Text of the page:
Hearing loss is a complicated condition. It can occur at any age, it can be brought on by external or internal factors, it can be present in one or both ears, and it can be temporary or permanent. A bout with tinnitus, which can be described as a “ringing” or “pulsing” sound in the ear, can often lead to some degree of hearing loss. Certain drugs, called oxotoxic medications, can cause hearing loss. Repeated exposure to loud noise without proper ear protection can be the cause as well. Genetic factors can contribute to its presence and, in some cases, it could be caused by a tumor in the inner ear.
Luckily, hearing loss is a heavily researched condition, and we know a great deal about how to treat the scenarios outlined above as well as others. While only a small percentage of the hearing loss population are candidates for surgery, there are a number of other ways we can address hearing loss, from hearing aids to speech therapy to even simply discontinuing the use of oxotoxic medications. An important point to note is that no one should self-diagnose hearing loss: seek the guidance of your primary physician who may, in turn, refer you to an audiologist. The hearing loss you experience could be an indicator of another underlying condition that also needs to be addressed.
Those who suffer from hearing loss will not all experience it the same way and we will look at one specific type of hearing loss and ways it can be both prevented and treated.
What Is High-Frequency Hearing Loss?
High-Frequency Hearing Loss (commonly associated with Noise-Induced Hearing Loss) occurs when there is damage to an individual’s sensory hearing cells; those cells in the cochlea can be damaged or die altogether. These cells are responsible for collecting sounds and turning them into electrical impulses that are sent to your brain. High-frequency sounds are received in the lower part of the cochlea while low-frequency sounds are perceived in the upper part. Hearing loss typically has an impact on the high-frequency sounds first.
Here are what people with high-frequency hearing loss experience:
- The speech of others sounds muffled.
- Sounds between 2,000 and 8,000 Hertz (Hz) are difficult to detect.
- Female voices may be harder to understand than male voices.
- A high-pitched “beep,” such as an alarm clock or an oven timer, may also be difficult to hear.
Beyond those specific examples, it is important to remember that this condition spills over into the quality of life. Difficulty communicating with others can put a serious strain on relationships with family and friends and it can also create difficulties in the workplace. Individuals who suffer from high-frequency hearing loss (or any type of hearing loss, for that matter) may experience feelings of isolation that, in some cases, lead to depression. Just as those with hearing loss seek out practical treatment options for the loss, they should also consider counseling or therapy to address the emotional impact.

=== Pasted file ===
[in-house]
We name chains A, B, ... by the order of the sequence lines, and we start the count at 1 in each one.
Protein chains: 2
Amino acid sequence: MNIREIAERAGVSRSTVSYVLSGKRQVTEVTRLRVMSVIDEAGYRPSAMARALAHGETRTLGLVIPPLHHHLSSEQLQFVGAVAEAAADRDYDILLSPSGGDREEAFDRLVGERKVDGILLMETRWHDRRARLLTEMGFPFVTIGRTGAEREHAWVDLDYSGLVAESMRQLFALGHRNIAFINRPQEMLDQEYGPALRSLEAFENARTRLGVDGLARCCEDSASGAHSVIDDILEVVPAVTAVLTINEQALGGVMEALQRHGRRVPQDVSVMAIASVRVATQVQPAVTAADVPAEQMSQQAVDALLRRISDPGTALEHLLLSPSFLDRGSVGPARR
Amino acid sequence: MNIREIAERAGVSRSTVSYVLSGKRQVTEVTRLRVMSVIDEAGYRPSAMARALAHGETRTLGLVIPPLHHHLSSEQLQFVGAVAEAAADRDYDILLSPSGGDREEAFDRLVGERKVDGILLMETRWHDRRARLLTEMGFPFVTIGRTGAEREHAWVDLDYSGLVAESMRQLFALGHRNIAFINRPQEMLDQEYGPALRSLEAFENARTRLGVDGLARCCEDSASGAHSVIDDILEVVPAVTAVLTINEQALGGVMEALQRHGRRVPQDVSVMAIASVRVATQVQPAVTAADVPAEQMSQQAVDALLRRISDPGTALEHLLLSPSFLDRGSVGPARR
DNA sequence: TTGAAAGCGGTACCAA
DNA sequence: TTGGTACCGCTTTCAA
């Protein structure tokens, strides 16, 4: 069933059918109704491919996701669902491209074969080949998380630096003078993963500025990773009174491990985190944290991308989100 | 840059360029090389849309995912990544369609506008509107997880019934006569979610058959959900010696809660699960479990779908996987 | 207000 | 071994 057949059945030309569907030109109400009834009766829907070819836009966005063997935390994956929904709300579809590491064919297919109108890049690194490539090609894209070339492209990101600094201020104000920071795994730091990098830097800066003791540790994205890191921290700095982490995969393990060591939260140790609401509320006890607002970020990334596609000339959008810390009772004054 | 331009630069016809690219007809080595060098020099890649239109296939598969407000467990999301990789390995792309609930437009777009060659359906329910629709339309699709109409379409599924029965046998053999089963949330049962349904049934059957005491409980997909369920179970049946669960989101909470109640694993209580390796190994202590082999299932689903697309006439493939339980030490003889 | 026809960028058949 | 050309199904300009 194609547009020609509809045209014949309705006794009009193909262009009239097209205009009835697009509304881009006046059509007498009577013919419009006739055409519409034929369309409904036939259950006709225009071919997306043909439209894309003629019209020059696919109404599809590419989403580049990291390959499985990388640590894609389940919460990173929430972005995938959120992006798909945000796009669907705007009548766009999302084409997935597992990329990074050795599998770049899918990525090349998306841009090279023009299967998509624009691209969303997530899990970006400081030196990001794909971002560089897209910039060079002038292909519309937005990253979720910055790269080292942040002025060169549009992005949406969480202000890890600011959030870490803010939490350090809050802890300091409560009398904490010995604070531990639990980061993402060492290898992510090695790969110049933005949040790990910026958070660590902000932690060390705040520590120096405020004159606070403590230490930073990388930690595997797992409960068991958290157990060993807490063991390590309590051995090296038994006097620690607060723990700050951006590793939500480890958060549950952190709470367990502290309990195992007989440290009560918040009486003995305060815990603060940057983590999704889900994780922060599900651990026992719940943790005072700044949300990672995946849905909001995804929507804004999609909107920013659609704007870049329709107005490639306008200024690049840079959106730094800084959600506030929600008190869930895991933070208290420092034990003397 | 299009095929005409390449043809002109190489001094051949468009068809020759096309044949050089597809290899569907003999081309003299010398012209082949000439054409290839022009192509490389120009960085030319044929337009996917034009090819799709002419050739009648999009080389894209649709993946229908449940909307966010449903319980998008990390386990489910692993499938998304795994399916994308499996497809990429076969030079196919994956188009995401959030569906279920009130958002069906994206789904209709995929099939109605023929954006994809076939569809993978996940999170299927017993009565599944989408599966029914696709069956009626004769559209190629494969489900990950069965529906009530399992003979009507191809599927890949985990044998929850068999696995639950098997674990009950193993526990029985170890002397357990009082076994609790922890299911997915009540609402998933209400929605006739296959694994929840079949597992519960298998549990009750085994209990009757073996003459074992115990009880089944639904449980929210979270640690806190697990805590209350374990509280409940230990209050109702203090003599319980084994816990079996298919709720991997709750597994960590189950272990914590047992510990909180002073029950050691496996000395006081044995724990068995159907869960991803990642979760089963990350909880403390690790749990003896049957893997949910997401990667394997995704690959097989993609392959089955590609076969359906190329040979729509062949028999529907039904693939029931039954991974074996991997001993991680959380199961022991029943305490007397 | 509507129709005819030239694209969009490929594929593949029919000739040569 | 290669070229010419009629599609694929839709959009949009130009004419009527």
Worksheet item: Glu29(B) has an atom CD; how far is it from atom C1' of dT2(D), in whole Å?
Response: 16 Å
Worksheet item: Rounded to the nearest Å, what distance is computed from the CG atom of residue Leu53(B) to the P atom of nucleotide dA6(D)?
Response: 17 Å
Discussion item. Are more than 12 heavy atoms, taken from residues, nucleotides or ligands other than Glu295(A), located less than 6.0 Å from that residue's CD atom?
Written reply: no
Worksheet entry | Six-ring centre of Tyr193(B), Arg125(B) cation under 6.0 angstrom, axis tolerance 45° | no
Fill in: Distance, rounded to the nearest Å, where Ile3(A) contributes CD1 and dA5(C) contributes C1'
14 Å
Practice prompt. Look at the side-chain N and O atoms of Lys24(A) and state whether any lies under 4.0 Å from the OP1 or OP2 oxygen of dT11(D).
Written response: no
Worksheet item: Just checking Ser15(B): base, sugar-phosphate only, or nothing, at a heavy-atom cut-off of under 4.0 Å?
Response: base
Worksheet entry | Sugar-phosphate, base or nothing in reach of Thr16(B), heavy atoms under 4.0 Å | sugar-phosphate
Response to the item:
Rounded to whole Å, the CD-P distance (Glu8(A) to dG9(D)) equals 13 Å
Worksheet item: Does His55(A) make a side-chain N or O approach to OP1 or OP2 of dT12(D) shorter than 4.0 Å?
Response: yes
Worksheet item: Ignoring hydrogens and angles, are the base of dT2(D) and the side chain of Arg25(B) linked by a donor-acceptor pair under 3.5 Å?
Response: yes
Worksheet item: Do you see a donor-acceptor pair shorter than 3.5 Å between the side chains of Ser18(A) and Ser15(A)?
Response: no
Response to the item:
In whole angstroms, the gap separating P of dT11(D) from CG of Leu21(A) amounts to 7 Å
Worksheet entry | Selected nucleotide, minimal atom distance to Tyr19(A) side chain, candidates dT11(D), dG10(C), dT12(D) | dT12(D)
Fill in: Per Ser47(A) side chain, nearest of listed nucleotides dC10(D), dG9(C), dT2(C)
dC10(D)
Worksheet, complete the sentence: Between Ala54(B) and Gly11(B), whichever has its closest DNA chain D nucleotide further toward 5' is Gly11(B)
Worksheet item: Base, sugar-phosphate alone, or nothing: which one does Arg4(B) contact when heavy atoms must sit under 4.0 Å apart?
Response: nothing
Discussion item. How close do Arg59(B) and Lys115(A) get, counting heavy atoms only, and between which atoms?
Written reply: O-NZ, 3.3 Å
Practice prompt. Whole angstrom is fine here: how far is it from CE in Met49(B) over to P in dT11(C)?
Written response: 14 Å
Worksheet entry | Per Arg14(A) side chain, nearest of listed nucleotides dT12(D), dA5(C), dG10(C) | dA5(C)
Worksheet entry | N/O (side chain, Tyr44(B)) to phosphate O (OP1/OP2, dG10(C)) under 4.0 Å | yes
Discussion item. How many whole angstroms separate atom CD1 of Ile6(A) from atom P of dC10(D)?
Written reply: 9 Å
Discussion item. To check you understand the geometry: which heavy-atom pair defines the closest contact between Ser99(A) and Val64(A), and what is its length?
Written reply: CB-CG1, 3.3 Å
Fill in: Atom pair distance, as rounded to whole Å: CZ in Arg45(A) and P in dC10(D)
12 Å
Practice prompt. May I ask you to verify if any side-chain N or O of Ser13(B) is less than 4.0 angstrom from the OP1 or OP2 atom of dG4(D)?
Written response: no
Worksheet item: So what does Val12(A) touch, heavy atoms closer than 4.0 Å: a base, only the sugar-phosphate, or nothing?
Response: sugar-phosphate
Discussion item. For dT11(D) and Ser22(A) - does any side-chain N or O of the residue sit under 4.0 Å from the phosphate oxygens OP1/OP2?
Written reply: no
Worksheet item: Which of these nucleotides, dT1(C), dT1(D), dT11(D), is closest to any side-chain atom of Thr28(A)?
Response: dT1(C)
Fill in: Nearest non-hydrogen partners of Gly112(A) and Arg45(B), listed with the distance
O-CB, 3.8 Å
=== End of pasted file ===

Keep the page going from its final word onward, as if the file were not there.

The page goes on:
Do We Know What Causes High-Frequency Hearing Loss?
There are a number of causes of high-frequency hearing loss, which can happen to anyone at any time and at any age.
- Noise is a huge contributor to high-frequency hearing loss, and millions of people end up with hearing loss after exposure to extremely loud noises. It can happen as a result of a one-time event (for example, exposure to gunfire) or it can occur after prolonged exposure (for example, someone who attends concerts frequently or works in a loud industrial or military setting).
- Oxotoxic Drugs are another cause of high-frequency hearing loss. They can be as common as everyday pain relievers or in some cases more serious such as chemotherapy treatments. (Note: you should never discontinue the use of a medication, oxotoxic or otherwise, without consulting your physician. The benefits of the oxotoxic medication may outweigh the burden of the hearing loss.)
- Diseases and Other Illnesses can cause high-frequency hearing loss. One common cause is Meniere’s disease, which affects the inner ear, and is also often accompanied by dizziness and tinnitus. Chronic ear infections in children can also cause high-frequency hearing loss, especially if left untreated.
- Your Family Tree might be (partially) to blame if you suffer from high-frequency hearing loss. Genetics can mean you are predisposed to developing this kind of hearing loss if others in your family did.
- The Aging Population is always at risk for high-frequency hearing loss and this is a fact of life for all of us as we grow older. It may be slow in onset but one of the first indicators is when you have trouble understanding people in noisy environments.
Can I Prevent High-Frequency Hearing Loss?
Hearing protection is the best thing you can do to minimize the risk of developing high-frequency hearing loss. If you work in a loud setting (such as an airport luggage handler… or a drummer for a rock band) or if you simply spend time in loud settings as a hobby (such as a gun range), you owe it to your hearing to protect your ears. Ear protection is available in a wide variety of options for all budgets. Forgetting to wear protection just once could be the one time that irreversible damage is done.
What Can Be Done to Treat High-Frequency Hearing Loss Once it Occurs?
While there is no magic pill or miraculous surgery to treat high-frequency hearing loss, it can be addressed with the use of a hearing aid or even cochlear implants. Technology can certainly make it easier to manage the condition—and hearing aids have come a long way—but the condition cannot be reversed. Protecting your ears, staying informed about whether or not any of your medications are oxotoxic, and maintaining an active and healthy lifestyle are the best steps you can take to ward off hearing loss for as long as possible.